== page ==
Military Identifies Three US Marines Killed In Plane Crash Off Australia

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Ryan Pickrell China/Asia Pacific Reporter
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The U.S. Marine Corps has identified the three Marines who lost their lives when a military aircraft crashed into the sea.

A Marine Corps MV-22 Osprey went down off the coast of Australia Saturday after taking off from the USS Bonhomme Richard, a Wasp-class amphibious assault ship. The aircraft was “conducting regularly scheduled operations” when the accident occurred. Small boats and aircraft from the 31st Marine Expeditionary Unit and Bonhomme Richard Expeditionary Strike Group recovered 23 of the 26 crew members, but three were lost.

The Osprey is known in the military as a problematic aircraft that has been involved in numerous accidents.

The three Marines were, according to a Marine Corps press release:

  • 1st Lt. Benjamin R. Cross, 26, of Oxford, Maine.
  • Cpl. Nathaniel F. Ordway, 21, from Sedgwick, Kan.
  • Pfc. Ruben P. Velasco, 19, from Los Angeles, Calif.

Cross and Ordway were assigned to the Marine Medium Tiltrotor Squadron 265. Cross’ service decorations include the National Defense Service Medal, and the Global War on Terrorism Service Medal. Ordway had earned the same, as well as the Sea Service Deployment Ribbon.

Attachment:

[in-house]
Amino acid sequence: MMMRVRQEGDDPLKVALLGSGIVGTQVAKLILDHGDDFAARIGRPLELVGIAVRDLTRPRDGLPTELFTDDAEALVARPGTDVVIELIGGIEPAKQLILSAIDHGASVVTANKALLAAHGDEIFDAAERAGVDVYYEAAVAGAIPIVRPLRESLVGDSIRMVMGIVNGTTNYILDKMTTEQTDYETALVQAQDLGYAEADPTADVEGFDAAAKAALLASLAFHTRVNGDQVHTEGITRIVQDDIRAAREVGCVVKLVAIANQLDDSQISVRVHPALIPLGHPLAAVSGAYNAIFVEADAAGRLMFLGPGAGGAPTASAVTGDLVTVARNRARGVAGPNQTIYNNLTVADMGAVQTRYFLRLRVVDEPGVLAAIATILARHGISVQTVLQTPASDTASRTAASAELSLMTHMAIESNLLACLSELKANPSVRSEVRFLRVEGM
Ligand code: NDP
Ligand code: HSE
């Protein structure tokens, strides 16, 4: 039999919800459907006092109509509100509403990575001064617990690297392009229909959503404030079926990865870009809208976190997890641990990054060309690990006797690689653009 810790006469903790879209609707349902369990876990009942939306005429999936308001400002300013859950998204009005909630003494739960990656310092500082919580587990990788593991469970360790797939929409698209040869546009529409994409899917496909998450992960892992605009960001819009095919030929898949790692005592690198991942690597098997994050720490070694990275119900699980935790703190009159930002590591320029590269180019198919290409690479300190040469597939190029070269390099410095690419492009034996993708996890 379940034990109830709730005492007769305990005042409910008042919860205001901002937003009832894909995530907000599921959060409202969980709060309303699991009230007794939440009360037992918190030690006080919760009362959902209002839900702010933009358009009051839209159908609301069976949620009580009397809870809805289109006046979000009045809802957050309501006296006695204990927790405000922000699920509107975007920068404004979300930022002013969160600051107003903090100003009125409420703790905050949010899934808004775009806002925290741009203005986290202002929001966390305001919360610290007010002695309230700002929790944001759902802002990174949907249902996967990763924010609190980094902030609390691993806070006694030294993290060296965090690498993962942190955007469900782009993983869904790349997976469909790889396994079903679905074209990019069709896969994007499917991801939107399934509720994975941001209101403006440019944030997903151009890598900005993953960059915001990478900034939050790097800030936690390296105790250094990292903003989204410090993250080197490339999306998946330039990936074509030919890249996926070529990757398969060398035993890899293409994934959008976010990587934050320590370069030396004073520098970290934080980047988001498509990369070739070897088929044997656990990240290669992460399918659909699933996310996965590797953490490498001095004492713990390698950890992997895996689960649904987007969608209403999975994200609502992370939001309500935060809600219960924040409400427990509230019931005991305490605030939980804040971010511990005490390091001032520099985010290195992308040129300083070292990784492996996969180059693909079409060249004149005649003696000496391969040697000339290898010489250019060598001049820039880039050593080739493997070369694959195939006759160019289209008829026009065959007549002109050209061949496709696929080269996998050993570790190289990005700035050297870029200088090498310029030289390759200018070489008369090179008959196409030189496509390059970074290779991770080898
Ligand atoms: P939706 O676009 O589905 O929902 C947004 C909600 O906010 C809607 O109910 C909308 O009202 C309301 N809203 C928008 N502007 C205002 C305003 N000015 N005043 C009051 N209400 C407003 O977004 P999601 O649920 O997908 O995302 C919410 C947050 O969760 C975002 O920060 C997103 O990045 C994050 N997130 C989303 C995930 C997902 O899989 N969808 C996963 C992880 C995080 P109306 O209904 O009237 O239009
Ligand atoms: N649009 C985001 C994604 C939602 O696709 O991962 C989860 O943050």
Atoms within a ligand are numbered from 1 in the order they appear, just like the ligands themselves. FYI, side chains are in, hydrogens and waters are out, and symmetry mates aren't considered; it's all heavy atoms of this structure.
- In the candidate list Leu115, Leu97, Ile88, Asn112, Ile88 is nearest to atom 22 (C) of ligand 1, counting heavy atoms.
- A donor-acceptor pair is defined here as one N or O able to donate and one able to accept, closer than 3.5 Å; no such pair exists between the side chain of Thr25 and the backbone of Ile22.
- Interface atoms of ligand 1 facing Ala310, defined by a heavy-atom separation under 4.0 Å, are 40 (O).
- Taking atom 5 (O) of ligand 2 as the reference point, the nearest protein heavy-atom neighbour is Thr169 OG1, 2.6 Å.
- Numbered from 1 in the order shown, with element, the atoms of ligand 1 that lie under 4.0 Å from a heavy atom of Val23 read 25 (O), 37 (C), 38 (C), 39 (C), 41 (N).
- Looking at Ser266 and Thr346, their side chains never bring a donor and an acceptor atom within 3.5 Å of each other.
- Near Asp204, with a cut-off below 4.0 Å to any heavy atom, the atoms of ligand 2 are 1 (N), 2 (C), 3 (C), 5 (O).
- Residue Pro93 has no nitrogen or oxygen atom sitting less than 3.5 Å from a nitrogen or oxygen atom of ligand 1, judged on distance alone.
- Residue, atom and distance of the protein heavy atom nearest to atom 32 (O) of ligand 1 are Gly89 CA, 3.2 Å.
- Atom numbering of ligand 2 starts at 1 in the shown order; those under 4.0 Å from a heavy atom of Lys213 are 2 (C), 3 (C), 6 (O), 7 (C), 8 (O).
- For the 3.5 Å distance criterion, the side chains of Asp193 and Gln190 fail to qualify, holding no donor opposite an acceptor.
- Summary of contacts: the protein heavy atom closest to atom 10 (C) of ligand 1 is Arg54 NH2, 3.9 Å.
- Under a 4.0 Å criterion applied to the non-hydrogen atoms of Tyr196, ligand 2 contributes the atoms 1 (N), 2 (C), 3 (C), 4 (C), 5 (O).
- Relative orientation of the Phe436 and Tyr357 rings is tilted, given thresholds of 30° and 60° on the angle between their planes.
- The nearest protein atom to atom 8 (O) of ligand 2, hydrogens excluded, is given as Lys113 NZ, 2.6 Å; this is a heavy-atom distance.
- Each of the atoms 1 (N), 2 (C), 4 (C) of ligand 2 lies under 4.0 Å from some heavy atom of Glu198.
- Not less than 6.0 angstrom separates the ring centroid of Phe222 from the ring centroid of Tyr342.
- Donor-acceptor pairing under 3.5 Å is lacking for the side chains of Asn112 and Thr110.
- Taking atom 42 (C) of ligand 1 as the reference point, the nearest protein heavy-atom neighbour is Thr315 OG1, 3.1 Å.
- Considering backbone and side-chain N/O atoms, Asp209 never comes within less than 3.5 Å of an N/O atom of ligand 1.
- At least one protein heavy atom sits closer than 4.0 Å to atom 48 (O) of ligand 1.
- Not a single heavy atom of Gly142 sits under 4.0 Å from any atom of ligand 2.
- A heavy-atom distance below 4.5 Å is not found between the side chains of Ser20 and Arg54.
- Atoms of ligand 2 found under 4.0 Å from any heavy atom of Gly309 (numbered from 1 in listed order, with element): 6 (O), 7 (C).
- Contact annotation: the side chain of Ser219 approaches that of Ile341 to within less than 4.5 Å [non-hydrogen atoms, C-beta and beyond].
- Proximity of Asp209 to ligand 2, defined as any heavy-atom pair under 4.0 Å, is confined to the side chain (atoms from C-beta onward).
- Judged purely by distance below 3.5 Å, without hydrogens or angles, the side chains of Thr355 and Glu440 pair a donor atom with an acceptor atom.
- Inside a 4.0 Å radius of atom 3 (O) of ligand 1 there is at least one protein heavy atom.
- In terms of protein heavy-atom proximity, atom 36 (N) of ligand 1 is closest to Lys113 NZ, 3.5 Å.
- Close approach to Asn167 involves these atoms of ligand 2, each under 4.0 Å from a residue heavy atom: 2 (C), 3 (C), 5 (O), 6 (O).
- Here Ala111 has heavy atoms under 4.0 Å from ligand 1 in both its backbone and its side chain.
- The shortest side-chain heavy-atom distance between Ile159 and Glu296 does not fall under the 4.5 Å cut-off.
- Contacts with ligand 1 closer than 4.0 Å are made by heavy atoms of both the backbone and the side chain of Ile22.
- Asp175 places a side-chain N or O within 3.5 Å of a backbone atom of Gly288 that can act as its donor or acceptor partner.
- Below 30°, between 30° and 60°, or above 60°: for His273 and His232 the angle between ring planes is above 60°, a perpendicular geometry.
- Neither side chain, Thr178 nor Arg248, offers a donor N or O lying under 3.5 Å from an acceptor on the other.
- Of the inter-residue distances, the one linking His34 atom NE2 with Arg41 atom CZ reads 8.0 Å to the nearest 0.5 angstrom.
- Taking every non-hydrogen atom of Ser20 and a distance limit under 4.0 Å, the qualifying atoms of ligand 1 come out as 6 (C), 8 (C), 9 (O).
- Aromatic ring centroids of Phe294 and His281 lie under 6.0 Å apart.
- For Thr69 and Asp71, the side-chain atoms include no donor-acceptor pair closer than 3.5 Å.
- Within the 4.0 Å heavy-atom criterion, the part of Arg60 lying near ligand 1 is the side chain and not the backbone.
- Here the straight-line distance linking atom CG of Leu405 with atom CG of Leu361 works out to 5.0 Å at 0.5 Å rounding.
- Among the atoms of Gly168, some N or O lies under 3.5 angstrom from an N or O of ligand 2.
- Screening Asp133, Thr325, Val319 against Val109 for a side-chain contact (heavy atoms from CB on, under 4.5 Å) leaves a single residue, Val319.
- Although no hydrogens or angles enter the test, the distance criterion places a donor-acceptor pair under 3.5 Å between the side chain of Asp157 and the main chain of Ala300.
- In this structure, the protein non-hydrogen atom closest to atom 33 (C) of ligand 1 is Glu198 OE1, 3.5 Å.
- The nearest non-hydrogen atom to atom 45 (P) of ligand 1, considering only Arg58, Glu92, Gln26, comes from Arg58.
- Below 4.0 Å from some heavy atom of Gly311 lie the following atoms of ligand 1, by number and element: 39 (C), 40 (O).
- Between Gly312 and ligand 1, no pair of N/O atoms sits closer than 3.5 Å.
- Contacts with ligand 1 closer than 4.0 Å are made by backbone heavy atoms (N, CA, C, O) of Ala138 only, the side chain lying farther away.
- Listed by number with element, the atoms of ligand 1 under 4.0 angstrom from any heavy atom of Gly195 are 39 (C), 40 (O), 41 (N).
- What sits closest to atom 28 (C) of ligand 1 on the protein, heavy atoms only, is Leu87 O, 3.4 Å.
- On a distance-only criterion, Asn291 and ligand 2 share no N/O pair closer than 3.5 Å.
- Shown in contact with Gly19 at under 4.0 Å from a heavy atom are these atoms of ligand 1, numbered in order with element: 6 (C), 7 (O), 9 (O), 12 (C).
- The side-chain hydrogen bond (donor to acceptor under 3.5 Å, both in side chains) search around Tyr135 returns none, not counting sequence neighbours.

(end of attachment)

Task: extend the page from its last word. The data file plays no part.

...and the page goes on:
Velasco was assigned to Battery G, Battalion Landing Team, 3rd Battalion, 5th Marines and was a recipient of the National Defense Service Medal and the Global War on Terrorism Service Medal.

“The loss of every Marine is felt across our entire Marine Corps family. To the families of the brave Marines we lost – there is no way for us to understand what you are going through,” Col. Tye R. Wallace, Commanding Officer, 31st Marine Expeditionary Unit, said to the families of the fallen in the related press statement. “What we do know is that your Marines left a lasting impression on the 31st MEU, the Marine Corps, and the world. They will live on forever in our thoughts and our hearts. You will always be a part of the Marine Corps family, and you will remain in our prayers.”

The latest incident follows another tragic accident involving a KC-130 refueling tanker in mid-July that killed 15 Marines and one Navy corpsman.

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